South Africa joins the global #LightsOnAfterschool movement


Partners in the After School sector, including grant-making and educational support organisation, The Learning Trust (TLT), the Western Cape Government’s Youth and After School Programme Office and the Community Chest, are putting the spotlight after-school. For the first time this year, South Africa is joining Lights On Afterschool, a 20 year old international movement aimed at increasing awareness of the after-school sector and its impact on improving learner outcomes and education as a whole. This is a call on all after-school organisations in South Africa to participate on 22 October 2020.

“Participating in this movement comes at such a pivotal time, as South Africa’s most vulnerable children have suffered through tremendous learning challenges this year.  Continued support for the South African after-school sector is essential if we are to mitigate the impact Covid-19 has had on learning, and the #LightsOnAfterSchool campaign highlights the critical role these programmes play in providing equal access to educational as well as psycho-social support,” says Sibongile Khumalo, Executive Director of The Learning Trust.

After School Programmes (ASPs) are organised activities for children to participate in at the end of their formal school day, to include homework assistance and dedicated tutoring, higher institution and job readiness programmes, arts and culture, physical movement, music programmes, feeding schemes, sports and more. Many ASPs also run facilities that offer computer and data access to learners.

“For too long the amazing humans who provide learners with access to these programmes after formal school hours have been hidden. Their critical role in the education system has not been recognised. It is time to shine the spotlight on the amazing work being done to enable every learner to access a rounded education and caring humans behind the work, the Humans of the After School sector,” says Boulle, the Head of Youth and After School in the Western Cape Government.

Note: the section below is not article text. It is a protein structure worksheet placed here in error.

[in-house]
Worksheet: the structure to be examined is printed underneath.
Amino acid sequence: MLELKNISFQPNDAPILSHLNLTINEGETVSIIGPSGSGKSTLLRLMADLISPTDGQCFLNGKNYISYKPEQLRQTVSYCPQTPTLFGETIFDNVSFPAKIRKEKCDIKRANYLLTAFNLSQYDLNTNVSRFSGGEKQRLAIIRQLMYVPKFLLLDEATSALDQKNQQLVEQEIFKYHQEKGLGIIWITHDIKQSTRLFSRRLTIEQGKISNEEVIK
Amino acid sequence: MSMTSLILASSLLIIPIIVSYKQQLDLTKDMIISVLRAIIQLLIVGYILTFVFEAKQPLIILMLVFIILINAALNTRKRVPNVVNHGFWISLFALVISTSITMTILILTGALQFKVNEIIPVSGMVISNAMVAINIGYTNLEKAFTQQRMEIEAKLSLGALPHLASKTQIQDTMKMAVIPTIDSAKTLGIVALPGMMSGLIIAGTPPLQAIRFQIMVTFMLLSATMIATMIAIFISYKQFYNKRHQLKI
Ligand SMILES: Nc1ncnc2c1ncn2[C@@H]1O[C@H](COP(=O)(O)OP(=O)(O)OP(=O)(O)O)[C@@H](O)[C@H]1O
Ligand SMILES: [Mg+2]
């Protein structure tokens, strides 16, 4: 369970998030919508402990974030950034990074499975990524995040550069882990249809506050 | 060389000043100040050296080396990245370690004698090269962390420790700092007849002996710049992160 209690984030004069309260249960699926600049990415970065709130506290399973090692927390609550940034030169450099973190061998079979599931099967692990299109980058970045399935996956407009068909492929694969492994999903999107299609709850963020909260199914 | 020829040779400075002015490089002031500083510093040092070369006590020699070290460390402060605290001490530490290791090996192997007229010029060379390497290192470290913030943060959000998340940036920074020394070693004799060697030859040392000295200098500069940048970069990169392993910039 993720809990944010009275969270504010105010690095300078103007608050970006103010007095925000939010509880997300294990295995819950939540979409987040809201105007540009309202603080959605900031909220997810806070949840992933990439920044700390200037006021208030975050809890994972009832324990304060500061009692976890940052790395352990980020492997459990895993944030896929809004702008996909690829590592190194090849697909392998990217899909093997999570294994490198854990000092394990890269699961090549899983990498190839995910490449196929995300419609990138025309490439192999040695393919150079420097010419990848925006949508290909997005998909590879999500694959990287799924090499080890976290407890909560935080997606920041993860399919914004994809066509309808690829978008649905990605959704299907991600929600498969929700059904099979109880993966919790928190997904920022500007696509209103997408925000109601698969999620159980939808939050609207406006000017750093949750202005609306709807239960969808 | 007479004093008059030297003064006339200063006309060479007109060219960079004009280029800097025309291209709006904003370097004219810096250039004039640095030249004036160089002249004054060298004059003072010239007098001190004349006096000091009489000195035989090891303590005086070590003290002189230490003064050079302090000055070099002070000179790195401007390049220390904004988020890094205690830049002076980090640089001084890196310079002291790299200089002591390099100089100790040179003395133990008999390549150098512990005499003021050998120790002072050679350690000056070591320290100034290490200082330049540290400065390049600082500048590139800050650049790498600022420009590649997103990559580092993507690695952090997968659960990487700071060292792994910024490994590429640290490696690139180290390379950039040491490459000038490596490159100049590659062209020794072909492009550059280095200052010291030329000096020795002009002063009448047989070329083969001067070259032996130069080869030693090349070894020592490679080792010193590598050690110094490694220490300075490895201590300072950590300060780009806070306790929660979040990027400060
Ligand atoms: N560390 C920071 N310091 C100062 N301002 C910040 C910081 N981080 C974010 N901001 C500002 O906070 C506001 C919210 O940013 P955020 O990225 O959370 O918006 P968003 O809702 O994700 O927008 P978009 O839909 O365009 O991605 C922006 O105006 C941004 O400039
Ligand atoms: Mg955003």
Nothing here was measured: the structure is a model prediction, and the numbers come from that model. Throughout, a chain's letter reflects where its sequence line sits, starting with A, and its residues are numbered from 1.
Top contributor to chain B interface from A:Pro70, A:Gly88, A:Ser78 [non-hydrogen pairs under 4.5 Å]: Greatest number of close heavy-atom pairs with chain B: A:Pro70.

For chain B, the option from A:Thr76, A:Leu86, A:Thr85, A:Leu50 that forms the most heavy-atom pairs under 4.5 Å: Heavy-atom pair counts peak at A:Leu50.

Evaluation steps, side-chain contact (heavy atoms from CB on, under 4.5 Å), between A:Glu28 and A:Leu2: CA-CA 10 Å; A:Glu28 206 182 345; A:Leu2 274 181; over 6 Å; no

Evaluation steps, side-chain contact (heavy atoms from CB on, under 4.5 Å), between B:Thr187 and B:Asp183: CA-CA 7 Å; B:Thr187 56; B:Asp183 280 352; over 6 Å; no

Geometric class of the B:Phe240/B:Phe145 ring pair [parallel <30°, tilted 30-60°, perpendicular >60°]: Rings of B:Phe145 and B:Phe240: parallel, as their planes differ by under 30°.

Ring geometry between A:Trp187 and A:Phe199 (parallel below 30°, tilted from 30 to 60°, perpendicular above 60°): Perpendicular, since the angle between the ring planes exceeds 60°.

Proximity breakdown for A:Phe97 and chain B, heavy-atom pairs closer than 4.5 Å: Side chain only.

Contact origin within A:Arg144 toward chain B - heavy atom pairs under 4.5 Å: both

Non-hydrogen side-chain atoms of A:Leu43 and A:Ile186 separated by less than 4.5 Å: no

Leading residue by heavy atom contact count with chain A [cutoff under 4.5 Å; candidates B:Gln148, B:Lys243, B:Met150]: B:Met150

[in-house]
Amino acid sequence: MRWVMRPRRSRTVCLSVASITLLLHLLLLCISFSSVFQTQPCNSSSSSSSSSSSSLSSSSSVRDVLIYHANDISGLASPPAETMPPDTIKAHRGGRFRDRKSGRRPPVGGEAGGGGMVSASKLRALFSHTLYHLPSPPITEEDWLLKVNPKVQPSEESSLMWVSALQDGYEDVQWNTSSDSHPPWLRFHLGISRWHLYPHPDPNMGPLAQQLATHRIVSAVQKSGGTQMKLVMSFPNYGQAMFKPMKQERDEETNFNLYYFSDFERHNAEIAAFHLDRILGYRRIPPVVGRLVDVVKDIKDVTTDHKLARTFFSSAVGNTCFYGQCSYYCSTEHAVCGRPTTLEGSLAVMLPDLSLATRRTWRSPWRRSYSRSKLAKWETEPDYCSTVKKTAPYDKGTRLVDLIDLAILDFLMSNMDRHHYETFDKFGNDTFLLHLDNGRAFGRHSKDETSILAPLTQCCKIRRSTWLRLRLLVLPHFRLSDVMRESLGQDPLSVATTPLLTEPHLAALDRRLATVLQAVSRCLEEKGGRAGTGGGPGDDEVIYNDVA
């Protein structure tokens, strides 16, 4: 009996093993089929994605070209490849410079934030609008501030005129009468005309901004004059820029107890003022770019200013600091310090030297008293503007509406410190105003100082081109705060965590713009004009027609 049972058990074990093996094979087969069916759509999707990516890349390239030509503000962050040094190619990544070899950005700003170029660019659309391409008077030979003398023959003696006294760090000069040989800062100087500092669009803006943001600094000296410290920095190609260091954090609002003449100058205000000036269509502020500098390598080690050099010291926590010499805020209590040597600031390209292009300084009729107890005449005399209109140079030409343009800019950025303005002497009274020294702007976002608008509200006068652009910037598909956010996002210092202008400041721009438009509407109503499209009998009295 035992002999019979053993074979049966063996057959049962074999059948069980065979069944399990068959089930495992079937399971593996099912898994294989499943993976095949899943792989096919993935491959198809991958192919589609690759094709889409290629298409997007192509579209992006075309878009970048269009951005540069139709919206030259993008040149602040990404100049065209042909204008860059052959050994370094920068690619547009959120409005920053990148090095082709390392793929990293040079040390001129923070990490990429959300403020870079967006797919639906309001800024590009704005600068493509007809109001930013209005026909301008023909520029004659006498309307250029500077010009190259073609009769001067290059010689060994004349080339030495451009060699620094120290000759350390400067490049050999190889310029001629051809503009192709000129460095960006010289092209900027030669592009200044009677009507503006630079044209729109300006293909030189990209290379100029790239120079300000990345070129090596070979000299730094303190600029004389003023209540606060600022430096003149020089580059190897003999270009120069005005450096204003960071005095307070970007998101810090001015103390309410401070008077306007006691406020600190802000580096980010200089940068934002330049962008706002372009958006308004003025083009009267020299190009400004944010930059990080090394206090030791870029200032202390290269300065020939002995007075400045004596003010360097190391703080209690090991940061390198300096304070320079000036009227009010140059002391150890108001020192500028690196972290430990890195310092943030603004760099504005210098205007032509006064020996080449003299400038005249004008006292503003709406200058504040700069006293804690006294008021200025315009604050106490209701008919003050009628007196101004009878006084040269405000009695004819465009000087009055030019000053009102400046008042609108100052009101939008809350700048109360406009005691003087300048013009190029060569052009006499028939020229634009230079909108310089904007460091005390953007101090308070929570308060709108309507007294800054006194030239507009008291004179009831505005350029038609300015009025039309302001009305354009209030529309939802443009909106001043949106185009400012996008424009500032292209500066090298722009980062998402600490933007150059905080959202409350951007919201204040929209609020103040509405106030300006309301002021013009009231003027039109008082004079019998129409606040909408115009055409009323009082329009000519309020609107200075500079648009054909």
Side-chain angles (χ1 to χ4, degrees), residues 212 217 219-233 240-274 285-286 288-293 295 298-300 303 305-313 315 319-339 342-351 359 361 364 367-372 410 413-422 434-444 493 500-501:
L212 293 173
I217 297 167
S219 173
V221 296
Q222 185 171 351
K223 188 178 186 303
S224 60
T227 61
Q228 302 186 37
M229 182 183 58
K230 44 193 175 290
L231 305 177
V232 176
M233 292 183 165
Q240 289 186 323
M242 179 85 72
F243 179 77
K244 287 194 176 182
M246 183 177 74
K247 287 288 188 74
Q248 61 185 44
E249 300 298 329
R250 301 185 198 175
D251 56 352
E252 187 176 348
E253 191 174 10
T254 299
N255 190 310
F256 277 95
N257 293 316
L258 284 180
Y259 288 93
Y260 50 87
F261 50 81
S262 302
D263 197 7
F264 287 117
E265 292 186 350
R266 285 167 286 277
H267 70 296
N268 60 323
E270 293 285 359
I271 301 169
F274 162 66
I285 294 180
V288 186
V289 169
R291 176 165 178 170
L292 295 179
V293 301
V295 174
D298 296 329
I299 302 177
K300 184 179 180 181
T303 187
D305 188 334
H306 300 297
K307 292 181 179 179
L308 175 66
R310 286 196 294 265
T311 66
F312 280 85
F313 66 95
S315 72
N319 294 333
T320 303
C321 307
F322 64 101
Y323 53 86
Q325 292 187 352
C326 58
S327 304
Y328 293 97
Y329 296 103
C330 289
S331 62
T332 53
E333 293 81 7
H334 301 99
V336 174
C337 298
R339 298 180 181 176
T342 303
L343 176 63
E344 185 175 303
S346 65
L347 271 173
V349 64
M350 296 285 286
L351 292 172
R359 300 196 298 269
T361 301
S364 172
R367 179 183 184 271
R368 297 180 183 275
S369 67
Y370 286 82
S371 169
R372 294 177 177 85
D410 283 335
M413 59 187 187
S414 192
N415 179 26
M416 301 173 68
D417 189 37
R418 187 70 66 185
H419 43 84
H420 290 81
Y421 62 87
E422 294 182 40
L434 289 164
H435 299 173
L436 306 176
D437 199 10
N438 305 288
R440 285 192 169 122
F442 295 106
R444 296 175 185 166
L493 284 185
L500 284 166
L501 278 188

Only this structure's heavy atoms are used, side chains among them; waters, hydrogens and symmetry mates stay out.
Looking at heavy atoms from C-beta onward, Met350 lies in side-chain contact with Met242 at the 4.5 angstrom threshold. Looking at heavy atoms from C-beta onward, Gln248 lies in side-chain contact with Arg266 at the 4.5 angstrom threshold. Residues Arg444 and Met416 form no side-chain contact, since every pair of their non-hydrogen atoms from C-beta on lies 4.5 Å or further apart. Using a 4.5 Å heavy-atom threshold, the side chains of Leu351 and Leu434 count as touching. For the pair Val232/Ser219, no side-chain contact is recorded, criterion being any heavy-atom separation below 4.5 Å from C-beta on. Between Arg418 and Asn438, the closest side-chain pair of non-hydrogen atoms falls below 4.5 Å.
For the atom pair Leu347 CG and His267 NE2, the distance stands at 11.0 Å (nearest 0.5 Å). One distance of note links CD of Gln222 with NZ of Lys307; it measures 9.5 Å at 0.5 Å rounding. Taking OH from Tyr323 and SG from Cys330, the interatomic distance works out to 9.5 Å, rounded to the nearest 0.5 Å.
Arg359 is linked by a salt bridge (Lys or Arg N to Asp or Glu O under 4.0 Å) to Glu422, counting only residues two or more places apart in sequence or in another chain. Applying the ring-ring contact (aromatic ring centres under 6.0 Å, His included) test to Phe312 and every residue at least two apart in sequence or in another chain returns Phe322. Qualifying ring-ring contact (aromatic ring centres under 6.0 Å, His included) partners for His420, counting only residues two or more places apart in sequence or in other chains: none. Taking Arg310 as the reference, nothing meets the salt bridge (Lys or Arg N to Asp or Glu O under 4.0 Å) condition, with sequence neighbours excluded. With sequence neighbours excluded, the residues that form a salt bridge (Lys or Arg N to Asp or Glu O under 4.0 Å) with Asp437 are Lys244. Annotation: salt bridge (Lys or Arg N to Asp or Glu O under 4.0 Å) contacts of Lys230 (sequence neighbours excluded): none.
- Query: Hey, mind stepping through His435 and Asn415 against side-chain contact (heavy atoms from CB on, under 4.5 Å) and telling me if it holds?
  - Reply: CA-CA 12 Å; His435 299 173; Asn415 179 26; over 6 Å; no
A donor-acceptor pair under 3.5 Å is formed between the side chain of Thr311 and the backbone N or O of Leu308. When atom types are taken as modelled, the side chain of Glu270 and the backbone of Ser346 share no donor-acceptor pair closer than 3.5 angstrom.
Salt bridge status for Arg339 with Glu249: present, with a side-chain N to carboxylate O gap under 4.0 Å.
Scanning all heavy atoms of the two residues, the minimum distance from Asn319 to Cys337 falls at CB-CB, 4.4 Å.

ASPs influential in bridging the learning gap in lower quintile schools

According to a 2018 Western Cape Government After School report, the education gap in SA is between 4 – 6 years. This means that in a lot of instances, grade 8 learners are working at a grade 4 level. After-school programmes spread across townships, peri-urban and rural areas, serve young people living in poverty and exclusion and work to minimise the access gap of quintile 1-3 schools, which make up approximately 90% of all public schools.

Research reveals how ASPs have been one of the most influential players in minimising the learning gaps of the educational system in these lower quintile schools which are said to experience the highest number of grade repetitions and drop-outs annually.

“There is an undeniable need to show the difference that ASPs make in improving learning potential of vulnerable children. The evidence from our international counterparts is solid and we are continuously working to undertake and present local research that reinforces the data of the educational gap in SA. In order to produce significant improvements in public schooling and overcome our socio-economic inequalities, it is necessary to look at how change can be affected beyond the classroom. This is where initiatives like #LightsOnAfterSchool become important, as a tool to help highlight the positive impact of the after-school sector,” says Khumalo.

The first #LightsOnAfterSchool campaign in South Africa

The #LightsOnAfterSchool campaign was launched by the non-profit US-based organisation Afterschool Alliance, in October 2000, and is chaired by Former California Governor, Arnold Schwarzenegger. The organisation calls on ASP partners throughout the world to generate awareness of equal and quality access to learning programmes. This year’s 21st annual campaign is dedicated to shining a light on everything ASPs have done in an unprecedented year and will involve hosted events as well as roundtable discussions with policy makers, local community leaders and educational institutions.